Pin site cleaning

This page explains about pin site cleaning and what to expect when your child comes to Great Ormond Street Hospital (GOSH).

What are pin sites?

Pin sites are where wires or pins enter the skin when a surgeon has fitted an external fixator, either an Ilizarov frame, spatial frame or ex/ortho fix to your child's leg.

Why is pin site care important?

It is very important to keep the frame and pin sites clean. The frame is fitted to the outside of a limb and is held in place with pins or wires that pass through the skin into the bone.

Any germs on the outside of the frame, pins or skin can cause an infection at the pin site. In serious cases this infection can pass into the tissues under the skin and on rare occasions into the bone itself.

What are the signs of infection?

  • changes in skin colour, increased redness

  • swelling

  • increased tenderness, pain or discomfort at the pin site

  • increased discharge or oozing around the pin site, changes in colour or smell of ooze

  • the pin site feels hotter than the surrounding skin

  • high temperature of 38°C or higher

Pain relief

Your child will usually be discharged home with two pain relief medicines: paracetamol and codeine. We will give you a small supply and ask you to see your family doctor (GP) for a prescription to continue these at home. To begin with, you may find your child needs regular pain relief but as time passes, he or she may need pain relief less often. We advise that you give your child pain relief 45 minutes to one hour before pin site cleaning to make it more comfortable.

Sometimes your child will experience pain that does not respond to this medication so may need additional pain relief. If you are concerned that your child is in pain, please discuss with us.

Pin site cleaning

  1. Wash your hands thoroughly with soap and water.
  2. Wash a plastic tray with warm, soapy water and dry with kitchen towel. Any plastic tray, for example a plastic food container, can be used but keep it only for pin site cleaning.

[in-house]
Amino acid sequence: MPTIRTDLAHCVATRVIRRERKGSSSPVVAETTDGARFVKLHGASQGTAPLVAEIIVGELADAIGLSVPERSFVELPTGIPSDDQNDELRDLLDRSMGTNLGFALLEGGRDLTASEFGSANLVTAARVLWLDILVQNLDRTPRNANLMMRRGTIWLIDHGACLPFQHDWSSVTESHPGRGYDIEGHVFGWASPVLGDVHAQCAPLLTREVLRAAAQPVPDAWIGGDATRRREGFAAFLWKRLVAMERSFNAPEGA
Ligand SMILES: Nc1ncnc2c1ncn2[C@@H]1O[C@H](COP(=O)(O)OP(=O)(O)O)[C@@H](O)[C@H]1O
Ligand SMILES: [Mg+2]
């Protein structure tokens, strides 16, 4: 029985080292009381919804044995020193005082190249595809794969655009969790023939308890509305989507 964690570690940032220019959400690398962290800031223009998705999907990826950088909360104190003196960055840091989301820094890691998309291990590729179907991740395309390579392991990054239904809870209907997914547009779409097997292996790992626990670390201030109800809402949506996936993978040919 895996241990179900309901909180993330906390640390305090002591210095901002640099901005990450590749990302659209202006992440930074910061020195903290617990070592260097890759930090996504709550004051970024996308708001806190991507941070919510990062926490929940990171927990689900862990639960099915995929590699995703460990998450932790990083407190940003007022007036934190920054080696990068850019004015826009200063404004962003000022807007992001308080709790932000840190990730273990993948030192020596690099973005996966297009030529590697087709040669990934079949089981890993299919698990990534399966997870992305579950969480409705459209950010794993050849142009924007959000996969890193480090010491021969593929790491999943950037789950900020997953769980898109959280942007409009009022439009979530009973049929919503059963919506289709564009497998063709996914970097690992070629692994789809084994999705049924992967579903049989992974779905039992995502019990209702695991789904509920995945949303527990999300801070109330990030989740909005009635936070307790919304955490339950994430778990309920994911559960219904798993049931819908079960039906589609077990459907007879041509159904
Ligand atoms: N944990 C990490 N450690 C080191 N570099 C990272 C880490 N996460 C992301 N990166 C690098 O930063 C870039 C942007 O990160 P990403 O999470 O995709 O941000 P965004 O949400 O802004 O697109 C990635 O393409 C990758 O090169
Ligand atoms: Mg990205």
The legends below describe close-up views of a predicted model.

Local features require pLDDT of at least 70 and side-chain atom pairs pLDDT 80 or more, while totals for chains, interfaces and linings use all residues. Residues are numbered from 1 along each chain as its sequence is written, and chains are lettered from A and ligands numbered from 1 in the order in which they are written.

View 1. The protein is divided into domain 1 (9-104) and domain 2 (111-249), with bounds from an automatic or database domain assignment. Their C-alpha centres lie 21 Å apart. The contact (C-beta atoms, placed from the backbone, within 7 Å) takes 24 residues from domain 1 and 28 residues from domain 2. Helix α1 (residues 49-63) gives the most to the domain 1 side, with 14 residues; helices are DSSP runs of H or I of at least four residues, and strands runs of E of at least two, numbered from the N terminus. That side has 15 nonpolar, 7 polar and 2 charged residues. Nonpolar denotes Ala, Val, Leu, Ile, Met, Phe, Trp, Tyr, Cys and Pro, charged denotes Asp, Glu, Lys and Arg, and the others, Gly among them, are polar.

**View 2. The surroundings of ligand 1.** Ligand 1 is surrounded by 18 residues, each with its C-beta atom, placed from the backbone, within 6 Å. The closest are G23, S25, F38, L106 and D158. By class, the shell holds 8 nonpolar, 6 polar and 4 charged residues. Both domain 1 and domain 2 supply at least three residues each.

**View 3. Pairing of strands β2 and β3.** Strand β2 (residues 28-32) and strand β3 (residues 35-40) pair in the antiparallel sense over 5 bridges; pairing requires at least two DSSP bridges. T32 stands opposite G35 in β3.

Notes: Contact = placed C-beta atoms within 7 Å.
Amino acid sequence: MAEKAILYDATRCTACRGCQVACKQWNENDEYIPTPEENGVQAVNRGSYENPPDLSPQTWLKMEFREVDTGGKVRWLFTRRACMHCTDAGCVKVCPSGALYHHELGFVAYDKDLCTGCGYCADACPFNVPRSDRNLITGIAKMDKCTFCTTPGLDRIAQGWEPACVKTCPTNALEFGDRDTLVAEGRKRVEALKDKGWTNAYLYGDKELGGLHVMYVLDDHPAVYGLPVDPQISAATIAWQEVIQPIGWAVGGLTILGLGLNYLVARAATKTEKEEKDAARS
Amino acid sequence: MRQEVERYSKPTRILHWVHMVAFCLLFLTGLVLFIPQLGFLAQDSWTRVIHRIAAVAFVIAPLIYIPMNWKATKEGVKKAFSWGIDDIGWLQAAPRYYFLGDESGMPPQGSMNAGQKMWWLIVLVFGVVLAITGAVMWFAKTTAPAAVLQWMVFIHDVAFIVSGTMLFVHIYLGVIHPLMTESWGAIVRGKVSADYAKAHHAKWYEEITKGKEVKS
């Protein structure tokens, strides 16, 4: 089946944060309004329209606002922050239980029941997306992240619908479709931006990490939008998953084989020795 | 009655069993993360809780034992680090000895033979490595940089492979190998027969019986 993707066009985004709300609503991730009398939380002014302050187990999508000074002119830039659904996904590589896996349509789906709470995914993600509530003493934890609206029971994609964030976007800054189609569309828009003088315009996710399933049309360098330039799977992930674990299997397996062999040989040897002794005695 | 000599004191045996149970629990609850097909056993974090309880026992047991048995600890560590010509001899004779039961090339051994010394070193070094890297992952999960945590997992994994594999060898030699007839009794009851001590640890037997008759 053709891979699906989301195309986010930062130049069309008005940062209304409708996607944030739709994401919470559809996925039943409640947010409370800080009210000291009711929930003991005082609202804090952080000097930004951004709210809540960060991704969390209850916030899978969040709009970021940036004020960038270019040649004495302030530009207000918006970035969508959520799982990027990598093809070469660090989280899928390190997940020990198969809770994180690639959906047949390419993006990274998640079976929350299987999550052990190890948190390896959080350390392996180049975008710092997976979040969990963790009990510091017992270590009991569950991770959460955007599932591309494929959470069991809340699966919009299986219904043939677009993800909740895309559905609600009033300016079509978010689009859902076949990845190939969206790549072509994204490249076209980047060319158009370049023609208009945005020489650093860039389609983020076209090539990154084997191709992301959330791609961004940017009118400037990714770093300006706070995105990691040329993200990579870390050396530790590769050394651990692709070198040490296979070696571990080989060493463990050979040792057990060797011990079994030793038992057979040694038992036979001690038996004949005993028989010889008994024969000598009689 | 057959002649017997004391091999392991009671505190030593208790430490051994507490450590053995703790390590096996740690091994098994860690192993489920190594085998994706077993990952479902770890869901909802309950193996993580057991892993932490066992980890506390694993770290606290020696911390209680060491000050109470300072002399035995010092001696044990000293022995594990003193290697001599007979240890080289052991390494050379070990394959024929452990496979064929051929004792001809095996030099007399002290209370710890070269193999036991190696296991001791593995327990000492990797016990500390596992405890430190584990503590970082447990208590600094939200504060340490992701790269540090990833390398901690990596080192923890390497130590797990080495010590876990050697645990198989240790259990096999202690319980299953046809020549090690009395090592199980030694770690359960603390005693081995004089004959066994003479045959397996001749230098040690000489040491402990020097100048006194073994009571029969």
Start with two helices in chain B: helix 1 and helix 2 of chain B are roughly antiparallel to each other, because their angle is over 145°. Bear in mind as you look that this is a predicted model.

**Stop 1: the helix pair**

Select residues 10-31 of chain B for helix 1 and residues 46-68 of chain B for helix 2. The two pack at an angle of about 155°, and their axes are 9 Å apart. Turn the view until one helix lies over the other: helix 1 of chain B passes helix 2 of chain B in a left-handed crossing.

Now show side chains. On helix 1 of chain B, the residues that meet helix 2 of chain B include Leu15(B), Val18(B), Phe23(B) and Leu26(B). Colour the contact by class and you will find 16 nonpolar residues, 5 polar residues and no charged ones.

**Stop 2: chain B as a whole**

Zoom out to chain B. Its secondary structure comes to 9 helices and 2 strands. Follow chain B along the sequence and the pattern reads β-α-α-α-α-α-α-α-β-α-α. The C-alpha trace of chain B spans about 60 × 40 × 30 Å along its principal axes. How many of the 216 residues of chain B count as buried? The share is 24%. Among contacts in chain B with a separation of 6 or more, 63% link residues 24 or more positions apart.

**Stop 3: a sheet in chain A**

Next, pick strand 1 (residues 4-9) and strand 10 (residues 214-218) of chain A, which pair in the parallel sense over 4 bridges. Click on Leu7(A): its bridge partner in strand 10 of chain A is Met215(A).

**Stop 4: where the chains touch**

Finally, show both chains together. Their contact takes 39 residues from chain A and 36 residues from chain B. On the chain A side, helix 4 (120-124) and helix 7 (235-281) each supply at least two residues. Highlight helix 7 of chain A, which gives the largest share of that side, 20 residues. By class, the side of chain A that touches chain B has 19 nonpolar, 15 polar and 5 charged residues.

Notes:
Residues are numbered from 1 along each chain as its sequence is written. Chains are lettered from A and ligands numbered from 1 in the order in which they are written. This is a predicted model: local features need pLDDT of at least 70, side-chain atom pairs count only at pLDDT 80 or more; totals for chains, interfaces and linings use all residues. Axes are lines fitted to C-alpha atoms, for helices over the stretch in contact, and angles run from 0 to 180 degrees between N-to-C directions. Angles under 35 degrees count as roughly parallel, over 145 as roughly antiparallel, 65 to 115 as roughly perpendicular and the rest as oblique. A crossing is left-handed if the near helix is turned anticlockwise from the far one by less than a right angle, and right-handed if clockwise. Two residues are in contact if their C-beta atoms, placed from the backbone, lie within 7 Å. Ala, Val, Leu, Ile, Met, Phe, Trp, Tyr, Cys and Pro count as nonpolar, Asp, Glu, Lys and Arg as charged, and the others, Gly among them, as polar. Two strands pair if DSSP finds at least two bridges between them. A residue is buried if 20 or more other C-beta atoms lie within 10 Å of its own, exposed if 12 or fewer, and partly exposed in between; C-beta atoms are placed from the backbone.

3. Prepare the dressing on the tray. Cut the gauze squares into four (see picture 1) and then cut a slit halfway through each one (see picture 2). Place on the tray and pour over the pink chlorhexidine solution.
  4. Remove all the dressings from the pin sites moving the clips away from the skin as you do so. If dressings are ‘stuck’ with ooze or blood, gently moisten them with cooled, boiled water. As you remove the dressings place them into a plastic bag or bin.
  5. Wash your hands thoroughly with soap and water.
  6. Clean each pin with a sterile wipe using a circular motion, cleaning around the pin and the skin in one go. Use a new sterile wipe each time.
  7. Wash your hands thoroughly with soap and water.
  8. Take two pieces of gauze and squeeze out any excess chlorhexidine solution. Lay the first piece of gauze around the pin (see picture 3) and then lay the second with the slit in the opposite direction, so that the entire pin is covered.
  9. Move the pin site clip downwards to keep the dressing in place but not so far as it digs into the skin.
Any pins which have signs of infection should be kept covered until the rest of the pins have been cleaned. They should always be cleaned last and should be cleaned daily until healed.

How often should I clean the pins?

Pin sites should be cleaned every day until the pins and any other wounds on the limb are dry and have stopped oozing, usually three to four days after surgery. After that, they should be cleaned at least weekly or after showers or swimming. Clean any infected pins daily as above.

When can my child shower?

Once the pin sites have stopped oozing and any other wounds are dry, usually five to seven days after surgery, your child can have a shower. Please check with the surgeon regarding swimming.

When you are at home…

We will make a referral to a community children’s nurse or the practice nurse at your local GP surgery before your child is discharged home so that there is support and advice available to you locally. We will discuss the details of this with you before you go home.

Compiled by:
Sky Ward in collaboration with the Child and Family Information Group.
Last review date:
March 2011